About 7% of the wine made in Châteauneuf-du-Pape is Blanc, or white. It’s made by blending the white grapes from the 13 allowed in the region, principally Grenache Bland, Clairette and Roussanne.

Bottles of Chateauneuf are often adorned with a pair of crossed keys, either on the label or, more impressive, in the glass. These keys are the coat of arms of the Avignon Papacy. Only wines which satisfy the rules of the appellation are allowed to show the coat of arms on their bottle.


Gigondas (and Vacqueyras, which you’ll read about below) are two high quality appellations on the eastern side of the valley. These areas produce good quality and great value red blends using the same grape varieties as Chateauneuf. They are usually made for earlier drinking, and show off the region’s summer heat through ripe and luscious Grenache blends with jammy flavours. Perfect for a weeknight when you’re just looking for a really enjoyable wine which won’t break the bank.


On the western banks of the Rhone River just north of Avignon, the Lirac appellation is another great value source of southern Rhone reds. It produces structured and elegant red wines with black fruit, chocolate and berry fruits, as well as refreshing, aromatic whites.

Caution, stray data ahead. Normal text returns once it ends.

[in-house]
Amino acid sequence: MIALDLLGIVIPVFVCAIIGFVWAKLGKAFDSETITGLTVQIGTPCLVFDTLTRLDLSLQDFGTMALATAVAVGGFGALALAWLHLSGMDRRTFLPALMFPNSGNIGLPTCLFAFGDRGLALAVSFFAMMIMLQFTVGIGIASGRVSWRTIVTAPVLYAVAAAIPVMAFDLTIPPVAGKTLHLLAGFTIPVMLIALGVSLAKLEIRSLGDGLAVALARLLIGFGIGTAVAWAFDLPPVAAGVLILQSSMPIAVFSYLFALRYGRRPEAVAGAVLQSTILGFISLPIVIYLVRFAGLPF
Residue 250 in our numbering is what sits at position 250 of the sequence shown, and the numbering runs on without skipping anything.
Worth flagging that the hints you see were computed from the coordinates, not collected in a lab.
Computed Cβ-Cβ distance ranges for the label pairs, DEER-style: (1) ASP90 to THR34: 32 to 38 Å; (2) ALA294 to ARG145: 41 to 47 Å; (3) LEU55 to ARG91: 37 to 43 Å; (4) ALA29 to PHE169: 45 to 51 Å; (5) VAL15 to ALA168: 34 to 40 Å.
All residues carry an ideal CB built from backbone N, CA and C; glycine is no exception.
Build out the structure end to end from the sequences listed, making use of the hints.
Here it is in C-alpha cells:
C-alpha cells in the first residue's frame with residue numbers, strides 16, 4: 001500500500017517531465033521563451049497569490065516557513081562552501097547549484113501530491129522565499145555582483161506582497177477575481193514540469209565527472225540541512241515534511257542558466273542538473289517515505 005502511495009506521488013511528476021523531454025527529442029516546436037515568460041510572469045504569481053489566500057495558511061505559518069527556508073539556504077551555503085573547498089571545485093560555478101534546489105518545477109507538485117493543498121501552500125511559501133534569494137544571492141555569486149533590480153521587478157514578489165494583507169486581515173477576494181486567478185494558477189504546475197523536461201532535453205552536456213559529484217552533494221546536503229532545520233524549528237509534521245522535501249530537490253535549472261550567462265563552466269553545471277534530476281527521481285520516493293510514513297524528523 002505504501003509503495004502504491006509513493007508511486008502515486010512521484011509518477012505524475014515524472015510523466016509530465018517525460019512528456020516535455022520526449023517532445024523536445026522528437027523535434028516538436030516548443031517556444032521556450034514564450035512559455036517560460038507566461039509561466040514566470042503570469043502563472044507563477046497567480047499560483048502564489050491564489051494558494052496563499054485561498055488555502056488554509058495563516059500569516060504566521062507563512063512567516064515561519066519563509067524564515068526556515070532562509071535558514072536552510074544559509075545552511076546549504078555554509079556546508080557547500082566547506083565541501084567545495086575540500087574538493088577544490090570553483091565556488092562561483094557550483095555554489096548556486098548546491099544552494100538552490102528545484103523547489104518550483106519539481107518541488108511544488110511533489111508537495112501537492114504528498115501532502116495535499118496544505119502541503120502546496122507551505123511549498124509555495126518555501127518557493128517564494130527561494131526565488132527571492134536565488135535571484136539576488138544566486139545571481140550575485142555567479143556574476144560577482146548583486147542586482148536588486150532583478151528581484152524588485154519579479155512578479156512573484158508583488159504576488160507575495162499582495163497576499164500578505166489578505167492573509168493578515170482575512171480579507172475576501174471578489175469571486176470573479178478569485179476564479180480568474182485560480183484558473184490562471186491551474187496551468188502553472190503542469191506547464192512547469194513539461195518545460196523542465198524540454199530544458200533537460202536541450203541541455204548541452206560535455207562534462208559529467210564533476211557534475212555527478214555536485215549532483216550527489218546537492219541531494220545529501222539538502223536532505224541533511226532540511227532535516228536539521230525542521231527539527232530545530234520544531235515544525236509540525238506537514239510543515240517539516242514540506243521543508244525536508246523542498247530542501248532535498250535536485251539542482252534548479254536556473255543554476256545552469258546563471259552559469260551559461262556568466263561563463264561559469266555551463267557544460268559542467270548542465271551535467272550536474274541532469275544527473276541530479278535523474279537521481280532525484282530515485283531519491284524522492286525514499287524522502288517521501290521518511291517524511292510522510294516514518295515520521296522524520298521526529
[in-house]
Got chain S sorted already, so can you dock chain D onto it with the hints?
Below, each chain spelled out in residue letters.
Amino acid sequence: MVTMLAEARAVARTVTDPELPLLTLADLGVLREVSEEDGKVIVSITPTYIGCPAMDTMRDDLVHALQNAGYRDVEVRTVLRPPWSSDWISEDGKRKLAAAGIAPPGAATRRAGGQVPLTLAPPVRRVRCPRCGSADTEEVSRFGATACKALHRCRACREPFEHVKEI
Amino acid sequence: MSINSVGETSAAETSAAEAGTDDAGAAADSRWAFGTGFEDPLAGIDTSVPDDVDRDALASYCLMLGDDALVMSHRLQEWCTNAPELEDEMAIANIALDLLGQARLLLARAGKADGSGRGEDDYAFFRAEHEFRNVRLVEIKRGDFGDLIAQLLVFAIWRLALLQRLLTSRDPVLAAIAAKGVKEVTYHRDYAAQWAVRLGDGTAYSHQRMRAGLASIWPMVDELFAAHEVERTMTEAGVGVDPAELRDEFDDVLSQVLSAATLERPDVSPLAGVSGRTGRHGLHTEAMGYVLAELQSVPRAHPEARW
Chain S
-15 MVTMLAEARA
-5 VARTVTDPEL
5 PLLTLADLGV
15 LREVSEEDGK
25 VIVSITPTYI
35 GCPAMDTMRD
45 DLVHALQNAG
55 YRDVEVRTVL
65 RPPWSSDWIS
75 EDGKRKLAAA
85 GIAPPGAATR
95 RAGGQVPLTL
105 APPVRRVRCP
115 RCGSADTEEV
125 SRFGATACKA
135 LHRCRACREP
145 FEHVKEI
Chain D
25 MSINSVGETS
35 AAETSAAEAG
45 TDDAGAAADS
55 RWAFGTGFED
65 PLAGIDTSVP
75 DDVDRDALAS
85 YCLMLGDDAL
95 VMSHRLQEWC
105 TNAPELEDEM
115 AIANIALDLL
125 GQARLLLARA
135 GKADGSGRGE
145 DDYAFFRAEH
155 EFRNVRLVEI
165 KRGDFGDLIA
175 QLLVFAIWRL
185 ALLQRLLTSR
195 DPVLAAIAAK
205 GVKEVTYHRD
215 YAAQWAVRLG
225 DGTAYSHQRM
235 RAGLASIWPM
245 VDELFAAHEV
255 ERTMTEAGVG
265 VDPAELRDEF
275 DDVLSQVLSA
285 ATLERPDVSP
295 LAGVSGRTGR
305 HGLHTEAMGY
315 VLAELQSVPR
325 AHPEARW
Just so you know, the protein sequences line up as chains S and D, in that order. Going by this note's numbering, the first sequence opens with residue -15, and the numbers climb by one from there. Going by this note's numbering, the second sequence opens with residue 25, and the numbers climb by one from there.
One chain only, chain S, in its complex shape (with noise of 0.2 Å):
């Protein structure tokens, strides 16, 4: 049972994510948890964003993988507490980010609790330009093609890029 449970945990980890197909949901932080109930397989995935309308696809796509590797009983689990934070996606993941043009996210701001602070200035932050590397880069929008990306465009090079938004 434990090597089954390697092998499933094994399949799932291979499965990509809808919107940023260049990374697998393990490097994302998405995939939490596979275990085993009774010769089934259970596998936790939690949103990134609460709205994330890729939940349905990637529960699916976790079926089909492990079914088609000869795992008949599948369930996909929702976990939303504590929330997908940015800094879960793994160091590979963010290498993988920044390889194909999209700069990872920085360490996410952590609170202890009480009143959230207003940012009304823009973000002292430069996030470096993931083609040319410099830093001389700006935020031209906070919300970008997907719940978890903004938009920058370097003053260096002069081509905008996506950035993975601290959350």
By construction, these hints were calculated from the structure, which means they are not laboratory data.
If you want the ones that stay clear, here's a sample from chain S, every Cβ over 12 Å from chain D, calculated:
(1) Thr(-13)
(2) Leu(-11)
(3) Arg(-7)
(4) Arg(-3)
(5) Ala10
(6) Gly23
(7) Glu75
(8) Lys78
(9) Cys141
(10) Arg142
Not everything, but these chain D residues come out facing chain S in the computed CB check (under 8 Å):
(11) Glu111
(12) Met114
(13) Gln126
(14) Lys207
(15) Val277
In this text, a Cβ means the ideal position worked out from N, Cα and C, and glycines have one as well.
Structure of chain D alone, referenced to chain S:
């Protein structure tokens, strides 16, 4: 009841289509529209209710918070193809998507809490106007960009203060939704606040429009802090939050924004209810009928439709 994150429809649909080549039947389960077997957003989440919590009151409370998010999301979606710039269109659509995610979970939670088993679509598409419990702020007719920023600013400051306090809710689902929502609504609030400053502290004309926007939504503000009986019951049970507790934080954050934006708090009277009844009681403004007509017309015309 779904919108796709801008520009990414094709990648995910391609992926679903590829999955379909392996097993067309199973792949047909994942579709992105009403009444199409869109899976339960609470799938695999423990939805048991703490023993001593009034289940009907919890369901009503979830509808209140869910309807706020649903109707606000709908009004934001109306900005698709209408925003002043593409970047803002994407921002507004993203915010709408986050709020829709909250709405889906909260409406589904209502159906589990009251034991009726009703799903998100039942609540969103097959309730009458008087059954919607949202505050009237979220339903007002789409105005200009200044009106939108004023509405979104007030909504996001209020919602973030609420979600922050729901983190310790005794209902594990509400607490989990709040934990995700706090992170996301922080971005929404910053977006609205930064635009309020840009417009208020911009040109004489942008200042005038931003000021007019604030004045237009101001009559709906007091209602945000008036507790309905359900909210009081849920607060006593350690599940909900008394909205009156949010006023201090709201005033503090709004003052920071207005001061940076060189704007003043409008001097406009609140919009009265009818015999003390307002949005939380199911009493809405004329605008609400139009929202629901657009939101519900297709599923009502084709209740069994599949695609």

Most famous for it’s sweet Vin Doux, Rasteau is located north east of Avignon near Cairanne and Gigondas. The famous sweet Grenache wine has been produced here for hundreds of years.


Tavel is an ancient winegrowing region, dating back to the Greek period of winemaking in the 5th century BC. The region was a popular holiday destination for popes in the middle ages, and they enjoyed the rose wines produced here so much that they decreed that the region could only produce rosés. The rule still stands, and the region is synonymous with high quality rosé. Expect wines with deep pink hues and lots of red berry and stone fruit flavours.


Named after the Latin for “Valley of the Rocks”, the Vacqueryras lie next to Gigondas. Another great value source of Grenache dominant blends, you’ll find red berry, licorice and pepper flavours in this region’s wines. They are usually lighter in body than Chateauneuf and Gigondas.


A tiny appellation surrounded by vineyards classified as Cotes du Rhone Villages, Vinsobres high altitude produces inky GSM blends with jammy fruit and black cherry flavours and strong tannins.